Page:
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Question about resting meat after grilling: The hardest piece of beef for me to rest correctly is flank steak. I grill it to medium rare and it is so hard to rest it enough to keep all the juices from spilling out when I cut it. Does he say anything about resting times and maybe temps for beef? Anything new?

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Ohh, barbecue. I spend most of my other time perusing virtual the Weber Bullet website and there's lots of talk about "high heat" BBQ. I don't have that many folks to feed so I'm not as willing to experiment with my meat. I like my old low and slow brisket and ribs but if I could make it as good or better in less time that would be awesome. Maybe I'm a snob but if someone like Nathan M said that 400+ is as good or better than 225 I would be more willing to try. Does he address this question?

Fast answer, no shortcuts. But read on.

Barbecue requires two processes covered in detail in the book: smoking and cooking. (Barbecue is covered in detail as well.) Both require low temps and long times, especially the cooking, to reach desired effects with tough muscles like pork rib meat. Speedy high heat just doesn't break down the collagen in the ribs to make them tender and juicy.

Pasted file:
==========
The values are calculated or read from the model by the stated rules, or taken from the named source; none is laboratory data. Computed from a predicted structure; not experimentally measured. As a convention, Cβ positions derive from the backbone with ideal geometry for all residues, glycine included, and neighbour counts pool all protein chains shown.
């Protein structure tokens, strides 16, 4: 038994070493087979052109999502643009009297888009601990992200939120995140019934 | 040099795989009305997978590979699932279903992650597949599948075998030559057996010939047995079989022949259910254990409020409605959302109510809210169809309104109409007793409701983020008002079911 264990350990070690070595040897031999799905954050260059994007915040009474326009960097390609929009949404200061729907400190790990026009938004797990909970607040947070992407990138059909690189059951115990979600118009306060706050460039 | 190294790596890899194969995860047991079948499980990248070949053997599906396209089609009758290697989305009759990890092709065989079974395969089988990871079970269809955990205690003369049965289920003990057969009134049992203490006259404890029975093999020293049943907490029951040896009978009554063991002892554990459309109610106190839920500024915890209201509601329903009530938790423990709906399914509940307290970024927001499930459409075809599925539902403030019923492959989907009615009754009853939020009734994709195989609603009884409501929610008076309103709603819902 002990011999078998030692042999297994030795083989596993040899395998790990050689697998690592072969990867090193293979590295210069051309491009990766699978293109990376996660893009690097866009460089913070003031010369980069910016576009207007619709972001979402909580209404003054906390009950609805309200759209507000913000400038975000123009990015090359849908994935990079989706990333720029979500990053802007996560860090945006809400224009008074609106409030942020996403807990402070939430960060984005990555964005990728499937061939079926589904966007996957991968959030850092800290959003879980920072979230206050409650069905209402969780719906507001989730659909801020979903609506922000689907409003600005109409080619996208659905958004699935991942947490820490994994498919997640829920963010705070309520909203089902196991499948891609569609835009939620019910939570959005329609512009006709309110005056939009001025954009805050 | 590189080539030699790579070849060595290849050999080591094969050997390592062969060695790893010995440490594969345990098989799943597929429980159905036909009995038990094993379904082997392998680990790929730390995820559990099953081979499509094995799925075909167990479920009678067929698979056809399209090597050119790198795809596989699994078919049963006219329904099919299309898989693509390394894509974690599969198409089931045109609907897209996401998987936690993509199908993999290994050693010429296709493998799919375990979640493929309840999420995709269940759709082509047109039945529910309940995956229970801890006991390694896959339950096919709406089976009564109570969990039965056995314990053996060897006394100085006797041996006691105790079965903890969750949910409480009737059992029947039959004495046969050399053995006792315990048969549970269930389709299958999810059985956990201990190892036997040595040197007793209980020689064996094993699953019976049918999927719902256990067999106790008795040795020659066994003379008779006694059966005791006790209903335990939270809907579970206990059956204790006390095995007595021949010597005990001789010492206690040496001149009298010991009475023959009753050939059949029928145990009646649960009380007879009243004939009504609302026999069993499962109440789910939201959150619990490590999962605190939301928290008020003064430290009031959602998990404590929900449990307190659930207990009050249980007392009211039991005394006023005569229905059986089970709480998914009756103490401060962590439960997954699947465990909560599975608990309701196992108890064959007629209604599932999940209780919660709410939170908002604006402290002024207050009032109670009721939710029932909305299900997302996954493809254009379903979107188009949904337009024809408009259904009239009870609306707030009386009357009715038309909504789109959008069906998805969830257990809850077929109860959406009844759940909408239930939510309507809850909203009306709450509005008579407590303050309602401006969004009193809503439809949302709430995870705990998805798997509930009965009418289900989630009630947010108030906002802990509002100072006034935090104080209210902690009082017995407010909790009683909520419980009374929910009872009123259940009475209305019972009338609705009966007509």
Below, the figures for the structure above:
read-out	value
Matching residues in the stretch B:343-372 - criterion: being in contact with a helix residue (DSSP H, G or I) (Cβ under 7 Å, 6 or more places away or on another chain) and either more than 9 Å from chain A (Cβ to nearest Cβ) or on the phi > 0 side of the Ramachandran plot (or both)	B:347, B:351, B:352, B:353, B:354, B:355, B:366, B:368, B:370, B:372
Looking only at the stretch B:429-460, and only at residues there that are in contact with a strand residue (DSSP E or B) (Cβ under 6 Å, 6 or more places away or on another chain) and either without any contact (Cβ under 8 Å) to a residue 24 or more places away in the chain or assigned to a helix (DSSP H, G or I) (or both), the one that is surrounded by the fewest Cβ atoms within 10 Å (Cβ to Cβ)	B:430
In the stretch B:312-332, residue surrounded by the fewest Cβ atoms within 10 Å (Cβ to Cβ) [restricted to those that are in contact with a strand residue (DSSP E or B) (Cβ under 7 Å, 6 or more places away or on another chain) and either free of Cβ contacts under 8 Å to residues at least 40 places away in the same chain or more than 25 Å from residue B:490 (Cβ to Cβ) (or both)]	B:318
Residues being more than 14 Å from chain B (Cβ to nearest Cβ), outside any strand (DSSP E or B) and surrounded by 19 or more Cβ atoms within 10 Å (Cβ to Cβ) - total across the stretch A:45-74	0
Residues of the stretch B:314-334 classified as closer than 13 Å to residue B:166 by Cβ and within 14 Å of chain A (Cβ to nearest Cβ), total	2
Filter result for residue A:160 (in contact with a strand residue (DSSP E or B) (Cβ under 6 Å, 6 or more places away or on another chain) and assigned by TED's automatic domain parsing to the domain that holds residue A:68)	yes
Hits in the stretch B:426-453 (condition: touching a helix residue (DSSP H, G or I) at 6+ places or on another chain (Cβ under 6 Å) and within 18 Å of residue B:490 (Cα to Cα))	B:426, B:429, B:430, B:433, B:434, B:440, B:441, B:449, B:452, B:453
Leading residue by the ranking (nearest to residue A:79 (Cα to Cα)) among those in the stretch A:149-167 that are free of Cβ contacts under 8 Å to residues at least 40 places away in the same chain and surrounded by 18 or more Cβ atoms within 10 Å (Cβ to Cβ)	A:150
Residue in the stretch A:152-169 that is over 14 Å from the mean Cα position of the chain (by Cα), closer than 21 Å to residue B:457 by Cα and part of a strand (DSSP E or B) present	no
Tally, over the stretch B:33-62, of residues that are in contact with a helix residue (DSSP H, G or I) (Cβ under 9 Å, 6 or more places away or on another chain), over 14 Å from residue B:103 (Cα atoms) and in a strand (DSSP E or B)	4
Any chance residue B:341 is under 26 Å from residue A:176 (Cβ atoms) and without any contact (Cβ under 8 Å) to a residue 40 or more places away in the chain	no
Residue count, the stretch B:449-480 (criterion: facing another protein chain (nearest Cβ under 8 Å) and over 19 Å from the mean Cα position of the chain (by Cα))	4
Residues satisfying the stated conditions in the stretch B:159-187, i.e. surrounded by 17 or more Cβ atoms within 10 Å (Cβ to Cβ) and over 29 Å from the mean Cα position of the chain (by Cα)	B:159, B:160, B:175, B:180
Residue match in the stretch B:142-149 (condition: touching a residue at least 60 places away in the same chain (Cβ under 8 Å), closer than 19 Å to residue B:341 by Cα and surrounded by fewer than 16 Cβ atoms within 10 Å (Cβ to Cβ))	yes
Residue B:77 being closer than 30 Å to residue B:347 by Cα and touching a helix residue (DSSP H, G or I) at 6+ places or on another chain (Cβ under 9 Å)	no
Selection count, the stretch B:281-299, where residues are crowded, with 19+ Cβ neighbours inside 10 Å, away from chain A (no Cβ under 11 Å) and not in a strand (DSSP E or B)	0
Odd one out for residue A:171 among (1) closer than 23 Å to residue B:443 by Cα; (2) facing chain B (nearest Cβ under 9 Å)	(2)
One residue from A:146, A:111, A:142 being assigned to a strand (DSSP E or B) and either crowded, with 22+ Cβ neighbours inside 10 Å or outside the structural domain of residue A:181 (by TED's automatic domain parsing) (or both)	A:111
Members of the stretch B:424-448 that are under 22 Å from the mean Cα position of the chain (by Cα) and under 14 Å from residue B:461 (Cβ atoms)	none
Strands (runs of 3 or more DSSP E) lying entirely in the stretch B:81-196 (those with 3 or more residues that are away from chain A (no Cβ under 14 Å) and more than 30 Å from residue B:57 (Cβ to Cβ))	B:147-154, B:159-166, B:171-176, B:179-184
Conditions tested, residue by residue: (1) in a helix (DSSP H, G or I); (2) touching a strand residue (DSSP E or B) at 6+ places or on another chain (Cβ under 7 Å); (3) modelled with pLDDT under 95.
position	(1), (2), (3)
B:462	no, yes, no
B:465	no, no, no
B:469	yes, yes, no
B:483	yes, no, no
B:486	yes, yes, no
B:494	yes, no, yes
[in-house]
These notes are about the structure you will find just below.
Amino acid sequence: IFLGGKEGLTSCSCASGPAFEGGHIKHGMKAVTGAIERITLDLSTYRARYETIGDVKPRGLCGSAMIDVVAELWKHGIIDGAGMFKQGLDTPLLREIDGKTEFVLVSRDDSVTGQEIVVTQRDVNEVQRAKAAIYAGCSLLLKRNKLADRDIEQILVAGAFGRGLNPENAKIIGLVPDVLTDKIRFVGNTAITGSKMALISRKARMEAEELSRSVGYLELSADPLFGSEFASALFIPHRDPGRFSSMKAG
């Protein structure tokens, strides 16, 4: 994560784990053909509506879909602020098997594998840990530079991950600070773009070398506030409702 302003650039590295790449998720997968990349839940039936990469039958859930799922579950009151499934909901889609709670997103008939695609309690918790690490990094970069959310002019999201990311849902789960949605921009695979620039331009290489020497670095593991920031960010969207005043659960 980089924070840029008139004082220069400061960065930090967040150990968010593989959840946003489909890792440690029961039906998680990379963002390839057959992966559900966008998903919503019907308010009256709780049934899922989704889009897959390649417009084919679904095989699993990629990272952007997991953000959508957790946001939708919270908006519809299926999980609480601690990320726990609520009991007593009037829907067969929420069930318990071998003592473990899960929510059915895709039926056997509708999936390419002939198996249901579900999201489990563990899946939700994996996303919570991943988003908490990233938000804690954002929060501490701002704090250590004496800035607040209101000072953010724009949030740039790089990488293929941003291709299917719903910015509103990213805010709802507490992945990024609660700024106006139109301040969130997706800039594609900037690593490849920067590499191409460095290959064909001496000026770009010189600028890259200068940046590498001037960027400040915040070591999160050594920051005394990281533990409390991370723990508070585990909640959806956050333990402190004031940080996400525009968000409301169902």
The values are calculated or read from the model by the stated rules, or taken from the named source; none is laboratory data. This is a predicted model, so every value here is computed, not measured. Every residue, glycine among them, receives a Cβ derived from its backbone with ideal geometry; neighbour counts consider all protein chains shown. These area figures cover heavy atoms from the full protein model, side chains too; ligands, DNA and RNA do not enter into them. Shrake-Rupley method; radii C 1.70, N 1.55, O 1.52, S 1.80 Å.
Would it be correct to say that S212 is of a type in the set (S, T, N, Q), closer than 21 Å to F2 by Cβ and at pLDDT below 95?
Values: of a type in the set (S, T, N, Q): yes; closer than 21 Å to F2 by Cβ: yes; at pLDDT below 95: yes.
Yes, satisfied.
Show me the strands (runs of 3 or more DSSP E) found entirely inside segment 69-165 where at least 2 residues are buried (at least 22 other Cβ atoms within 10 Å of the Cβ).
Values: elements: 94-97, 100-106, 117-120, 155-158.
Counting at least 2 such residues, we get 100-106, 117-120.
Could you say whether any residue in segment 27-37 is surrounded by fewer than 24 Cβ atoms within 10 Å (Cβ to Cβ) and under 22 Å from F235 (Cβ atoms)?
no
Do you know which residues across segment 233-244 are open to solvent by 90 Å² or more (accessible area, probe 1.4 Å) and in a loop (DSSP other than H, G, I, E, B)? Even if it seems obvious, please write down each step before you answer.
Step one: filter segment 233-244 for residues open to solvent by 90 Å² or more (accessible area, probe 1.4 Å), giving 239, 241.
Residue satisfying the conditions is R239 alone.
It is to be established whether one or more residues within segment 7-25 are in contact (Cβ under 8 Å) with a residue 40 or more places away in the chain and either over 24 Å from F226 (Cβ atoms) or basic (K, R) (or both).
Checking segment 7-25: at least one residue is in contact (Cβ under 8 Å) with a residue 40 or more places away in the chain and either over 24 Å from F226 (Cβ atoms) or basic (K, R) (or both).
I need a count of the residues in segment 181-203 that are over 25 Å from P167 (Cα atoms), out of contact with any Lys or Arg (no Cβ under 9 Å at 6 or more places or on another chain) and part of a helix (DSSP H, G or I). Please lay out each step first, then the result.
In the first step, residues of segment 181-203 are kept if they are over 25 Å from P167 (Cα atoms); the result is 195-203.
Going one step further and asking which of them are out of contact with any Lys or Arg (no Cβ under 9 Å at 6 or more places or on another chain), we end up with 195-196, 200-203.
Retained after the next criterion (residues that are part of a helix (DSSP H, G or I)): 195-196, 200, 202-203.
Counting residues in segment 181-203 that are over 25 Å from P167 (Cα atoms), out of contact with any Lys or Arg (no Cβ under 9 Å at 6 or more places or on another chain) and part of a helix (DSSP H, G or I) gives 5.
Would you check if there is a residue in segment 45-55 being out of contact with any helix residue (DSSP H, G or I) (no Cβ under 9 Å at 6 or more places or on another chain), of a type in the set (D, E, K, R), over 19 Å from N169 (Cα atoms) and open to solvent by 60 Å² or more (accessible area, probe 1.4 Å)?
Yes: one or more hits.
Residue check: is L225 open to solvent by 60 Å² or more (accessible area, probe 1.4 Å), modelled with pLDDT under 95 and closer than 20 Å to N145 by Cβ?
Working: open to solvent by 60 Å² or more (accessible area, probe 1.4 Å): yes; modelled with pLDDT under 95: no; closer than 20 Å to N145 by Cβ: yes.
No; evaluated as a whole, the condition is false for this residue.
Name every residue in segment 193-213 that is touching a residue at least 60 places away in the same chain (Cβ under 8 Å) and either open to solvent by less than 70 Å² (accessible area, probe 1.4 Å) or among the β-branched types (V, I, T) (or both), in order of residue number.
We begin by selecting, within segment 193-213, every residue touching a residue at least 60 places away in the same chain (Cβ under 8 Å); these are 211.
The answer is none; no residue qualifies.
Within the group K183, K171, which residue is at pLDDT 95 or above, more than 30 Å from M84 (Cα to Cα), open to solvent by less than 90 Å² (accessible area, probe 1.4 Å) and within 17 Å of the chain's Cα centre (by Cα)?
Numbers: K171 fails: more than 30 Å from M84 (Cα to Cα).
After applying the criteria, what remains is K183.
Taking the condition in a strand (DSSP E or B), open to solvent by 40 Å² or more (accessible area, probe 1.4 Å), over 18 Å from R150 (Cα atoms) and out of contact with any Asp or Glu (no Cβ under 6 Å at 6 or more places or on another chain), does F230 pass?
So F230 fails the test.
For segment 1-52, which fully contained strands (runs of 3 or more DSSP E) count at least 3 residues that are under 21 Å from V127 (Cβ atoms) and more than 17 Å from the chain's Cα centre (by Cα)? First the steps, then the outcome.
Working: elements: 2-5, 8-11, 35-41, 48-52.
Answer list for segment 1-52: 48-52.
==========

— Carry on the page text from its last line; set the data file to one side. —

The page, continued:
However, the (intense and detailed) information in the book stresses that there are ways to break the process into component parts that allow for greater cooking ease: smoke then cook sous vide until tender, then finish under the broiler, on the grill, or with a blowtorch. But "hot smoking" barbecue is 52-80C/125-175F -- nowhere near 400F and not quick.

To read more, check out volume 5, pp 66-79 is the whole hog American BBQ recipe, and there are sections on different muscle types (V3, pp 6-12) and smoking (V3, 208-213 and V2, pp 132-143 and more). That is to say, there are physiological, thermal, chemical, and technical discussions of this question -- and a bunch of related others -- in several volumes. Indeed, it appears that the definitive positions on controversies like "the stall" are covered, well, definitively.

Chris Amirault

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Question about resting meat after grilling: The hardest piece of beef for me to rest correctly is flank steak. I grill it to medium rare and it is so hard to rest it enough to keep all the juices from spilling out when I cut it. Does he say anything about resting times and maybe temps for beef? Anything new?

Boy, there's a lot of information circling this question! Most specifically, from "What Happens When Meat Rests," V3 p 84: